Did you know that April is Fair Housing Month? Visit their site or contact us for more information!
Most home buyers and sellers consider their real estate agent an invaluable source of knowledge. But many people still don't realize that there are very tight rules governing what Realtors can and can't disclose. Even mentioning specific topics or answering certain questions could result in fines, loss of license – or even trigger litigation.
It doesn't matter if the Realtor is working with buyers or sellers, but offering information about a neighborhood or community might violate the Fair Housing Act, which was enacted in 1968 to control widespread discriminatory practices.
The Fair Housing Act protects against discrimination in housing based on race, color, national origin, religion, sex, disability or even family status. This law recognizes that Realtors can potentially steer prospective homebuyers or renters toward or away from a community based on class, gender, or ethnicity.
This even applies to the language we use in advertising when listing a home to ensure that we don't influence or target any particular group.
So what types of information are off-limits for Realtors to discuss with clients?
Average household income:
A Realtor CAN’T talk about the relative wealth or socio-economic class of a neighborhood or area.
Believe it or not, Realtors CAN'T even give ratings or statistics on schools. If this is information relevant to our client’s search, we CAN direct them to resources, which we'll cover below.
A Realtor CAN’T talk about the presence of any religious groups or demographics of worshippers in any neighborhood or area.
Not a chance. The Fair Housing Act even prevents Realtors from disclosing crime statistics about a part of town.
Realtors are also prohibited from mentioning possible environmental issues like cancer scares around cell phone towers, bad water quality, or other public health issues.
There are legitimate exceptions to these Fair Housing laws. For example, a Realtor must disclose information that pertains to a specific property, i.e. if a house is in a floodplain, a murder occurred at the property, or if there are materials considered hazardous that were grandfathered it.
It’s important to note that Realtors have to choose their words carefully when answering questions about neighborhoods or making recommendations so they don't violate the law.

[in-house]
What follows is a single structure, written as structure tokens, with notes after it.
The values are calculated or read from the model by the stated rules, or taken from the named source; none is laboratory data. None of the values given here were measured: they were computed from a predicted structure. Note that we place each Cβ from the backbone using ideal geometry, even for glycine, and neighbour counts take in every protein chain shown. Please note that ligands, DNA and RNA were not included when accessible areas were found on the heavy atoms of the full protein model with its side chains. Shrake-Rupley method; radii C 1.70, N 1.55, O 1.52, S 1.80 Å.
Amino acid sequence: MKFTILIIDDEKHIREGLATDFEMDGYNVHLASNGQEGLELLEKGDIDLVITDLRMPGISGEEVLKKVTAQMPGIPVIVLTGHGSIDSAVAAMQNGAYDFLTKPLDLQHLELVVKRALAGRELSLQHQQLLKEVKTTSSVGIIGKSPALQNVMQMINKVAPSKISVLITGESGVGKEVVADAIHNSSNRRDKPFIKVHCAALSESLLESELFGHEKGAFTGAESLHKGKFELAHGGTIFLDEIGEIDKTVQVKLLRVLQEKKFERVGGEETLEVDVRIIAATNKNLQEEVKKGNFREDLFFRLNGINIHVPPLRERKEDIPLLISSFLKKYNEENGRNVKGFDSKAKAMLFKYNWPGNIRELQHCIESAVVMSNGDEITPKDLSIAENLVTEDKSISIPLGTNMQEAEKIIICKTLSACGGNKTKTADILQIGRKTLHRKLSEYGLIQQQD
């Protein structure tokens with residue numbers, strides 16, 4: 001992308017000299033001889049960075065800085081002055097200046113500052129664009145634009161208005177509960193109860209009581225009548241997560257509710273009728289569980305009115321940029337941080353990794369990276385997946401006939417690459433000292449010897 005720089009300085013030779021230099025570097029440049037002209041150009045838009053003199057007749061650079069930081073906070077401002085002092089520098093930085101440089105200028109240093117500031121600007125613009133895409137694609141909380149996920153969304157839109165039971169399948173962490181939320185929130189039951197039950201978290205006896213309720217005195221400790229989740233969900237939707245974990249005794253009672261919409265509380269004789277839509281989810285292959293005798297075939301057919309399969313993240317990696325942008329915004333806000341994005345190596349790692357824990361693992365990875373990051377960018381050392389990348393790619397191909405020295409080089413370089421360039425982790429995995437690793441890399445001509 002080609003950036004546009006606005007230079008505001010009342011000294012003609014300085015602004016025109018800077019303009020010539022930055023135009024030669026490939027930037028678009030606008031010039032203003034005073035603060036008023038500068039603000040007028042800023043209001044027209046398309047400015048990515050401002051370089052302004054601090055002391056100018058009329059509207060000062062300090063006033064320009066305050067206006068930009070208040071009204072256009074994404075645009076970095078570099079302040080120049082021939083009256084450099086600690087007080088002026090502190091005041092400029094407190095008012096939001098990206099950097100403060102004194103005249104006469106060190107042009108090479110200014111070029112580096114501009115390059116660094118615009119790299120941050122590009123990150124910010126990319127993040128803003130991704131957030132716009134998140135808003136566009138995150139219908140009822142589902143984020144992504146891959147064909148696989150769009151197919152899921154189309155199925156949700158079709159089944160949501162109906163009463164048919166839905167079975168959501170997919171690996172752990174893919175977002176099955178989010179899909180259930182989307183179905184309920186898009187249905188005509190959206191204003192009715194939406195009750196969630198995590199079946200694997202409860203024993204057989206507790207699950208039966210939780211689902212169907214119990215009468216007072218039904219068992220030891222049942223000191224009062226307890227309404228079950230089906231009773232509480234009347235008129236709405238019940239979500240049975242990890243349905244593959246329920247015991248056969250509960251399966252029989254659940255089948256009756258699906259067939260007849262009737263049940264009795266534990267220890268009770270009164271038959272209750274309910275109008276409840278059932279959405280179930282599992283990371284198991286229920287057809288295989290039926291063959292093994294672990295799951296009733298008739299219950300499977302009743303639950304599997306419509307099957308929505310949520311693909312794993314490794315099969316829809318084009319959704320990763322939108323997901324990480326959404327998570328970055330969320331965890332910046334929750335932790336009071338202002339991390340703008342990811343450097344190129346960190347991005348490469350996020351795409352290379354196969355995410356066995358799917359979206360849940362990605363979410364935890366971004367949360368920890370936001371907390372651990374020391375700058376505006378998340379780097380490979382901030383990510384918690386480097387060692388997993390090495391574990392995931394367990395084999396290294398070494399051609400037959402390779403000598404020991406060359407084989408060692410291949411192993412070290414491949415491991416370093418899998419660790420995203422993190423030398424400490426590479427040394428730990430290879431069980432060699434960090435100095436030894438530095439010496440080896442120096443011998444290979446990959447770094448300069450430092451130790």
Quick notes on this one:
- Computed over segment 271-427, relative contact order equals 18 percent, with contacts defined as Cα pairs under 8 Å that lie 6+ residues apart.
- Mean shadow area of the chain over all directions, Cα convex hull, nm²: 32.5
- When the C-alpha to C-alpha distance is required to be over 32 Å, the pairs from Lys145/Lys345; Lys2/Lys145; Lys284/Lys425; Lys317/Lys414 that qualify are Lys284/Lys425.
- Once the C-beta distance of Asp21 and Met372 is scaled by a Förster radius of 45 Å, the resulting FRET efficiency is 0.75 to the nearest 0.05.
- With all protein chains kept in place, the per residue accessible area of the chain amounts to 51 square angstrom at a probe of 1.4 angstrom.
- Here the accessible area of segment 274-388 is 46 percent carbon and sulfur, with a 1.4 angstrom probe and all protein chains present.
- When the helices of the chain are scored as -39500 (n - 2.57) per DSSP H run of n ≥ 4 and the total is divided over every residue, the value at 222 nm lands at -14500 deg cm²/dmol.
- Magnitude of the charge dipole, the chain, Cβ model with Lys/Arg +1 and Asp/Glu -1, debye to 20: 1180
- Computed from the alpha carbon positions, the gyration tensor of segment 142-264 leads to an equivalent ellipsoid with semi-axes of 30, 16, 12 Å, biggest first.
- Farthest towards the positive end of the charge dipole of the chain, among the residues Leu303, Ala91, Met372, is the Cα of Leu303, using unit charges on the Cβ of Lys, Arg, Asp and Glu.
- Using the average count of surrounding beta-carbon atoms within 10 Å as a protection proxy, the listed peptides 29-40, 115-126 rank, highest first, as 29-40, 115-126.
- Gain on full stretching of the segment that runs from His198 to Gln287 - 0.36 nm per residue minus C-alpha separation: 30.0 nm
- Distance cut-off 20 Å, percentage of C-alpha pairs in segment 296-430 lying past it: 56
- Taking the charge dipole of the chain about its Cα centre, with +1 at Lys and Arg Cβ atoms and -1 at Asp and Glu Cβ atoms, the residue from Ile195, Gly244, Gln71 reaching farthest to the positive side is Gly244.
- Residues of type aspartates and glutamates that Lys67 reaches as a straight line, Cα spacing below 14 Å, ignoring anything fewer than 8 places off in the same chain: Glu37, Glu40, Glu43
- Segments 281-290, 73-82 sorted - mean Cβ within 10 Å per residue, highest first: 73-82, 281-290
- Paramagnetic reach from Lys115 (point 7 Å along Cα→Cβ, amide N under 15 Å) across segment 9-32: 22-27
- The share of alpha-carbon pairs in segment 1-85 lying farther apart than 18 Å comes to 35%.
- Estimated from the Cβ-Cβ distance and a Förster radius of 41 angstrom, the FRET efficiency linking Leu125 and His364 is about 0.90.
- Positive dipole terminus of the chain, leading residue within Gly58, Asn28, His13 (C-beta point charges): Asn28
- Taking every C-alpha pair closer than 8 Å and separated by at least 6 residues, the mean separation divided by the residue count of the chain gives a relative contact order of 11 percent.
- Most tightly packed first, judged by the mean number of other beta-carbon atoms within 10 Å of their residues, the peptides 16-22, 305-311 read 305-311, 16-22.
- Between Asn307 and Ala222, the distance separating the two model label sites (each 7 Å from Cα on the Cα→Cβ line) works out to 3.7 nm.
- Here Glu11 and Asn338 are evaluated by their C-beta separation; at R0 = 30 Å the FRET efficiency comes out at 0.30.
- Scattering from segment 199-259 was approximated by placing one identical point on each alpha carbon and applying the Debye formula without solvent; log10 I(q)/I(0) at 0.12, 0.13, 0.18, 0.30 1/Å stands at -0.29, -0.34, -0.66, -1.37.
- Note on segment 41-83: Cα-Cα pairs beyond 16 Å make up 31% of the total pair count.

Here are some common client questions that may seem like innocent inquiries but are nonetheless off the table:
“This house might be a bit much for a single woman on her own.”
“This area is perfect for young families."
“The seller would like a nice family to put roots down here.”
“This neighborhood wouldn’t work for you. Too many [insert group] people live here.”
“To get to the house, turn left on Rose Street. If you go past the church, you’ve gone too far.”
“That’s a pretty high-crime section of the city.”
“I know the second-floor unit because you are in a wheelchair. I can show you the ground-level unit though.”
Even advertising a listing or rental as “No pets,” or "No kids," "Great for young couples," "Looking for quiet older renters," are forbidden. Again, I see this all the time with rentals.
If a client, homeowner, buyer, seller, prospective tenant or any other party involved complains that a Realtor violated the Fair Housing Act, they could end up paying the victim compensation, damages (including housing costs), civil penalties to the government, and even legal fees.
So what CAN Realtors say? And if you're a homebuyer who is just trying to prioritize and make an educated decision, what can you do?
We ARE entitled and encouraged to provide non-biased sources of information, tools, and databases that inform and empower clients. Basically, we cannot answer those questions outright, but we can direct them to the places they can get the answers.
So if someone is home shopping and asks us about the quality of schools in the neighborhood they’re interested in, it’s perfectly alright for us to give them certain things. Pamphlets, websites, guides, and other materials from the city, school, independent third-parties, and title companies and other organizations that may be parties to the buying or selling transaction are all legal and allowable.
It’s important for everyone involved in real estate, be they homebuyers, sellers, and shoppers to understand these Fair Housing laws and not pressure their Realtor to cross the line and be out of compliance. So when describing the ideal home or neighborhood to us, please don't use demographics based on economics, crime rates, or of course race, sex, religion, or disabilities.
If you want access to some great websites, sources of information, tools, and education about any neighborhood, feel free to contact us. We’ll make sure you have everything you need while adhering to the letter of the Fair Housing Laws.